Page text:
The album was written and recorded over a two year period where ideas and arrangements were allowed to slow-cook and develop over time, in contrast with the last album 'The Dragon Flies Away' which came together relatively quickly for the duo. The music comprises the usual (for Bamboo) mix of Horwood's flawlessly resonant folk cadence and Carlisle's pristine synth production, whilst TR808 drum machines and samples lock together with acoustic drums, themselves often given the 'Tony Visconti' Eventide Harmoniser treatment of Berlin-era Bowie albums. Ancient ARP synthesisers and Mellotron flutes and horns sit next to contemporary digital sounds and samples in a hauntological tapestry over which Horwood can intone her sometimes mournful, often uplifting vocals.
The first single taken from the album, 'Weeping Idols', released March 29th reflects upon a recurring theme of religious dogma and spiritual entrapment, and is accompanied by a stunning video shot by Jack Barraclough around the North Coast of Northern Ireland, taking in the Giant's Causeway and the Kinbane Castle ruin. Carlisle's infectiously colourful synth riffs and pop production, featuring sun-burst harp playing from Brighton-based singer/multi-instrumentalist Emma Gatrill, contrasts sharply with the darker tone of Horwood's lyric, jarring in a way reminiscent of 'You Have Placed A Chill On My Heart' by The Eurythmics.
Although 'Daughters Of The Sky' breaks away from the storybook concept format of The Dragon Flies Away, in that sense being more similar to Bamboo's debut album 'Prince Pansori Priestess', there are still recurrent themes that run through the album such as motherhood, the cyclical nature of life, emancipation and liberation. "Branches dancing, bud stems growing, fibres swaying, arms unfurling" Horwood sings in The Deku Tree, a song which roots motherhood in nature's eternal cycle of birth and death. In the title track we see two perspectives of women spanning time and geography, Horwood drawing inspiration from the personal and also political. In 1917 a Russian match stick worker looks out of her window dreaming for a better life; in 2019 a Filipino maid in Hong Kong yearns to return to the children she has left behind. Both share a revolutionary spirit, protesting and fighting for a new world.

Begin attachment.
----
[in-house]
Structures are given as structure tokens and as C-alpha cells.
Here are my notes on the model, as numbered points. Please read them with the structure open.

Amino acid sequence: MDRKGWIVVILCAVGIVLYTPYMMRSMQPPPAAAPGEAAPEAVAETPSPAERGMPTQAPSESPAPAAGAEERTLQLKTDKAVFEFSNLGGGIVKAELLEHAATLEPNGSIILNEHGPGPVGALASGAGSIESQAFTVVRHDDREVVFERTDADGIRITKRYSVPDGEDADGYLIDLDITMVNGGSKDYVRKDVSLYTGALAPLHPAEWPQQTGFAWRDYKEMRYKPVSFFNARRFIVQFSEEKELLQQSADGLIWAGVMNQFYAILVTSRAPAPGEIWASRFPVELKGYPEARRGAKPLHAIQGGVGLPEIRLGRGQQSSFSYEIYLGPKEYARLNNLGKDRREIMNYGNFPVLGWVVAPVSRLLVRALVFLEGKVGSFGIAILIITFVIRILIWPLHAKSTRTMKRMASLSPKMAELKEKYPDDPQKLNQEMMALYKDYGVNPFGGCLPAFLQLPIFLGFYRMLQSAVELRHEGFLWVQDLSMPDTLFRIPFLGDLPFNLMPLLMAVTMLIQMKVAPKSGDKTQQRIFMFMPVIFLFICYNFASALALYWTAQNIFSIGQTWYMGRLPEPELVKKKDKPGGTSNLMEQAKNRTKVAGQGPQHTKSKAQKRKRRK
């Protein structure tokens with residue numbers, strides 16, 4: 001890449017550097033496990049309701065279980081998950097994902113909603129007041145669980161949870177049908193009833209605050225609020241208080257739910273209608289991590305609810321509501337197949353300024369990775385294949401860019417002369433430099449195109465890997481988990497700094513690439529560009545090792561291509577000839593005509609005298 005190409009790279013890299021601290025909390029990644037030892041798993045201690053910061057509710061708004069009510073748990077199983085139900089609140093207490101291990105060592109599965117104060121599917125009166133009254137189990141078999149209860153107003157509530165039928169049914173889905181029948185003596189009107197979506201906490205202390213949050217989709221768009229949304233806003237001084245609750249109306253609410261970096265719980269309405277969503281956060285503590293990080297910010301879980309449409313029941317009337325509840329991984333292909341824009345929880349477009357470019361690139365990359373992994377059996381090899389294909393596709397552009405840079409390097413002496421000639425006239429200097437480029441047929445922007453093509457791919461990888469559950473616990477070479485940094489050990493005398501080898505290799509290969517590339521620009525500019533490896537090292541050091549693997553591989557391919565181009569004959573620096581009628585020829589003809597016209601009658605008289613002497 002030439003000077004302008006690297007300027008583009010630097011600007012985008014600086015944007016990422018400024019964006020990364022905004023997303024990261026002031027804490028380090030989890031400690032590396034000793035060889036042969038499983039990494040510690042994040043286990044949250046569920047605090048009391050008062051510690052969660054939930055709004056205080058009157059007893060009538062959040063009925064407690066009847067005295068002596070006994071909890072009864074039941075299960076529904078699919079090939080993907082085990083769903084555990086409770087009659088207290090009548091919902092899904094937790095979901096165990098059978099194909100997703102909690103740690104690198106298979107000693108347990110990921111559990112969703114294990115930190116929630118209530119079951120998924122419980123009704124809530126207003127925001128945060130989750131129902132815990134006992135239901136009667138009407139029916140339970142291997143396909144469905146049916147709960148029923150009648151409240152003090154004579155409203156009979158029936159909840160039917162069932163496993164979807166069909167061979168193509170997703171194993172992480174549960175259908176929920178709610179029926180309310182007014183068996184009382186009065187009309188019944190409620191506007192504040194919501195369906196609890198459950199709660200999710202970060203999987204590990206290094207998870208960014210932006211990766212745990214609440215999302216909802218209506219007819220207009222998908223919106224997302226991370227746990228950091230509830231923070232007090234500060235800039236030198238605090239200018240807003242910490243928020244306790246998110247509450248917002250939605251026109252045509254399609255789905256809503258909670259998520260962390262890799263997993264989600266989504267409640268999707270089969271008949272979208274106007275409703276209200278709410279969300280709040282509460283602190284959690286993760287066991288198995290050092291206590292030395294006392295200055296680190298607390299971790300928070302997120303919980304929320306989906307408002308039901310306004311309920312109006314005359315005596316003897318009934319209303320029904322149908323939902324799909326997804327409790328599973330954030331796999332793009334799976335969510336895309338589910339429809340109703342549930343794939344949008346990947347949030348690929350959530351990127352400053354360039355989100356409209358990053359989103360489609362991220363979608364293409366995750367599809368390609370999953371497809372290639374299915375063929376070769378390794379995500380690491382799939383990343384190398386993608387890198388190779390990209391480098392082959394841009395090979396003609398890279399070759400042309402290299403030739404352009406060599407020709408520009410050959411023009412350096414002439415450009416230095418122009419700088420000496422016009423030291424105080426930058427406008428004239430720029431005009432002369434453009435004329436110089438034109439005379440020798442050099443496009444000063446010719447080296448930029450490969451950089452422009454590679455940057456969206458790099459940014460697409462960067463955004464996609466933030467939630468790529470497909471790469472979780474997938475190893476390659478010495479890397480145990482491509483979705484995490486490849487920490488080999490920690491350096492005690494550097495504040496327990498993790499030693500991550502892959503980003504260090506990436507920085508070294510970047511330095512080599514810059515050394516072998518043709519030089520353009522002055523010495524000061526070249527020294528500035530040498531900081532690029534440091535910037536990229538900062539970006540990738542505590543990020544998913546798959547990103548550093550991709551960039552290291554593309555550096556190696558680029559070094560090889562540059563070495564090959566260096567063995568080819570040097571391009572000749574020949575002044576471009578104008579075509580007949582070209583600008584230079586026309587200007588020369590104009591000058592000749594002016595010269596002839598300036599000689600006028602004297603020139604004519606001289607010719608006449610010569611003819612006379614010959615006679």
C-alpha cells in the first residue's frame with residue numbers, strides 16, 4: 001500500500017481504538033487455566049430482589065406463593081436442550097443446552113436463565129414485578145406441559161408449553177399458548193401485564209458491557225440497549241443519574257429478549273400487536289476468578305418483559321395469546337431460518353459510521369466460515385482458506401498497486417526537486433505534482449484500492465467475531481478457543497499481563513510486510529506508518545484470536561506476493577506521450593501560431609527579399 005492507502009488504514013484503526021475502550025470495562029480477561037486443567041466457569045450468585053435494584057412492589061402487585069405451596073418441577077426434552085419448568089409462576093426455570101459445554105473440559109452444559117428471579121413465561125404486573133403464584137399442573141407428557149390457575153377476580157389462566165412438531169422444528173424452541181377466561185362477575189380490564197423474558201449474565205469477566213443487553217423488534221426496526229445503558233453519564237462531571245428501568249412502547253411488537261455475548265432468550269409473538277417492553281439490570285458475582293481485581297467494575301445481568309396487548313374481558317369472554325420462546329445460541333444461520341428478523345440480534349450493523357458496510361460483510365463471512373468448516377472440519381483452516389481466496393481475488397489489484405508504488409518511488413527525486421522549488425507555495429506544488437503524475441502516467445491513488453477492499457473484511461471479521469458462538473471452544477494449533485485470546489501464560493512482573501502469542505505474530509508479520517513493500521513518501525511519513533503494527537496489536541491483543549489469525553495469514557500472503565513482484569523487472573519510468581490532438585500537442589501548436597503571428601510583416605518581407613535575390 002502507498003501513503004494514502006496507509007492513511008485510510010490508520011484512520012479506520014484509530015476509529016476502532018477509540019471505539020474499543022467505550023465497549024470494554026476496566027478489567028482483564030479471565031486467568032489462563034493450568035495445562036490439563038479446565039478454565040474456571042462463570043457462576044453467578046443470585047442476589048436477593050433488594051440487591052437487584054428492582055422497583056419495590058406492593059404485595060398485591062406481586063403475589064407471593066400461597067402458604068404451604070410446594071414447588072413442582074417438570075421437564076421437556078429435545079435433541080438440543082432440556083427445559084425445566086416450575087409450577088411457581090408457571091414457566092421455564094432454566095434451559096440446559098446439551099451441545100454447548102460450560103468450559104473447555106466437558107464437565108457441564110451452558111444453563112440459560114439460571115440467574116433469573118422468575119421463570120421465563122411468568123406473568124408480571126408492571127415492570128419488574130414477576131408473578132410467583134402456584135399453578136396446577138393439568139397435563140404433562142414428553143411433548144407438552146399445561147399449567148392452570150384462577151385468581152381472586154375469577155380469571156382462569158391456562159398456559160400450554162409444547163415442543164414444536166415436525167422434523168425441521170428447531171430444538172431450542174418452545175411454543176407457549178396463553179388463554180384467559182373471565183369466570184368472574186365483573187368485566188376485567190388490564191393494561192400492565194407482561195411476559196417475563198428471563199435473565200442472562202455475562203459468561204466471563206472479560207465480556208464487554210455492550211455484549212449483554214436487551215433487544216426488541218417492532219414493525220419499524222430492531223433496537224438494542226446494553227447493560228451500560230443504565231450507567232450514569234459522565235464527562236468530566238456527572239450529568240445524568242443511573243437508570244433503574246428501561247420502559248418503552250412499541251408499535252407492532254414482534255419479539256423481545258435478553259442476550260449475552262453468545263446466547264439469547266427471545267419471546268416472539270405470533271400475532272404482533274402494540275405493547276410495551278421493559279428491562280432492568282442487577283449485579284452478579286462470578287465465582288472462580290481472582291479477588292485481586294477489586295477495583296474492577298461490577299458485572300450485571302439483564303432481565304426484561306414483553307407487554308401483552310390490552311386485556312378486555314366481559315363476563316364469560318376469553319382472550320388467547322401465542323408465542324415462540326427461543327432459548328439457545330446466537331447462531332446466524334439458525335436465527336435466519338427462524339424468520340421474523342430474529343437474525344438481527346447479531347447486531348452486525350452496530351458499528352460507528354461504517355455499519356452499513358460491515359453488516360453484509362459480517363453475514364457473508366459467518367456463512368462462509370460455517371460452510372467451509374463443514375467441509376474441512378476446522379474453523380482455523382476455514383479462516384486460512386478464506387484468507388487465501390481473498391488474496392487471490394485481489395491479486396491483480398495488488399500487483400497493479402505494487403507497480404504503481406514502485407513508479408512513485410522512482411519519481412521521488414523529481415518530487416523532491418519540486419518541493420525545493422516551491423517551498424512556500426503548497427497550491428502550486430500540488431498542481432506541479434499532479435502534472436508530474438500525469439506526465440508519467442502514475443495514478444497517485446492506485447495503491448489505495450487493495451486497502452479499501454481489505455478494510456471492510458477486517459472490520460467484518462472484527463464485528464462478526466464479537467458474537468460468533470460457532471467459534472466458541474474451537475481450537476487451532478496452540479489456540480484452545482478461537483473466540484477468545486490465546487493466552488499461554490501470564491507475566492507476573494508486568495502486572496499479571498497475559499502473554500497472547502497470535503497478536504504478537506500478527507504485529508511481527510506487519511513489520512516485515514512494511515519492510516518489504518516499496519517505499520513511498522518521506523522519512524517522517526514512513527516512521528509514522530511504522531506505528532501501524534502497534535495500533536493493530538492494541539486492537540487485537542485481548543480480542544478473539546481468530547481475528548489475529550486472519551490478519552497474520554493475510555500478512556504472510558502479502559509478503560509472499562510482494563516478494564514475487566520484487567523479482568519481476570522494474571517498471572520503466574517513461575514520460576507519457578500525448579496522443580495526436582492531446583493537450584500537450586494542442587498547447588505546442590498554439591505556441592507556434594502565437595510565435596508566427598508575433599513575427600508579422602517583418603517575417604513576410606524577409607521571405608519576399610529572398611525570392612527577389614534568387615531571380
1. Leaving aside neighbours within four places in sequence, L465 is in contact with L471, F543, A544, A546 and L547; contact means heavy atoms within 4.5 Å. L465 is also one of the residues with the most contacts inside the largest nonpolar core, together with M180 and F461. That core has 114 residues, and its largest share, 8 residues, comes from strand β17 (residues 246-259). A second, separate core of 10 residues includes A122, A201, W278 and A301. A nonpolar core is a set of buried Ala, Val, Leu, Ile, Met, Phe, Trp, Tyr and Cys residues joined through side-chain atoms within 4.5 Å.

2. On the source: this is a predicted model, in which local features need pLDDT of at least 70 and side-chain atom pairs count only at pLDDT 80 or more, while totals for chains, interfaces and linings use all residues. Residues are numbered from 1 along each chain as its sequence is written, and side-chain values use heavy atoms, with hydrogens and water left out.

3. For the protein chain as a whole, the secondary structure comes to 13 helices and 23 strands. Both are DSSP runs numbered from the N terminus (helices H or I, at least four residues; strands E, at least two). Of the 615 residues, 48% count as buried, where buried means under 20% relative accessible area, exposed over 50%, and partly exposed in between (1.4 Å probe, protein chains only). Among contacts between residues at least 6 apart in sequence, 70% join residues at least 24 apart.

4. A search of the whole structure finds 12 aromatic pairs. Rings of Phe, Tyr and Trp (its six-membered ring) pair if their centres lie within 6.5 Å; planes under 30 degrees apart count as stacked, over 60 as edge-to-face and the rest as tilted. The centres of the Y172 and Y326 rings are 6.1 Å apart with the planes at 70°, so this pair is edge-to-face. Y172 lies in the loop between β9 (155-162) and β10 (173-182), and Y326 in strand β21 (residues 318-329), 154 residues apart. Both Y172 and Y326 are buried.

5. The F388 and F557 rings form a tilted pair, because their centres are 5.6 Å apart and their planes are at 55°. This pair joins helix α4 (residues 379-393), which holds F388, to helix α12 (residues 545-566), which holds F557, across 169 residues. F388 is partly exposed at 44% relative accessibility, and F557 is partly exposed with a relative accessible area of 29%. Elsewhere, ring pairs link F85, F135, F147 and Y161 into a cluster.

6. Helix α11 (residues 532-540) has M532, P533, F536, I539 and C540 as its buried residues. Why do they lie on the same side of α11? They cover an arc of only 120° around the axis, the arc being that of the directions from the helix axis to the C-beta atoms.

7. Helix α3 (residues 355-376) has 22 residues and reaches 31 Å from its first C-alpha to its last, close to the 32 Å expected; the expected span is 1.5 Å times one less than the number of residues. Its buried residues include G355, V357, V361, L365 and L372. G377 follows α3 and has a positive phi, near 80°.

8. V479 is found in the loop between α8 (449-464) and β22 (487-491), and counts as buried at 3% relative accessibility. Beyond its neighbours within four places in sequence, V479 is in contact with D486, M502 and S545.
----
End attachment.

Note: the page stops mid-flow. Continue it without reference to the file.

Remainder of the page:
What might be the centrepiece of the album, 'East Of The Sun / West Of The Moon', an 11 minute epic, begins with a serene, desolate ambient intro which eventually transports us over the waves to some unknown land. Here we track the journey of a displaced people who are rejected from pillar to post, prevented from crossing over political lines, judged by fellow humans by their few differences over their myriad similarities. "And we all walk a different pace, though we end up in the same place" sings Horwood, as the song's new-found rhythm seems to break apart again and slowly splinter away in different directions, the fragments hanging in the air as a new section emerges featuring a rare lead vocal from Carlisle.
Bar the brief instrumental coda 'Tenebrae', the album ends on an optimistic note with 'A World Is Born', an upbeat song of renewal. Horwood sings of the creation of a new world for a new generation, out of the ashes of a society stagnating under the collapsing weight of late capitalism. Saxophones provided by Emma Gatrill (her second guest appearance on the album) answer each vocal line in call and response style over more harmonised drums reminiscent of Bowie's 'Low'. Carlisle originally wrote the music following the death of Bowie, and Horwood added some Prince-like backing vocals (Prince having been name-checked in the title of the first Bamboo album). Although her lyric makes no reference to the loss of these giants, their influence hang over the song in a way which can only add to the sense of hope and rebirth, a sense which is indeed felt throughout the album.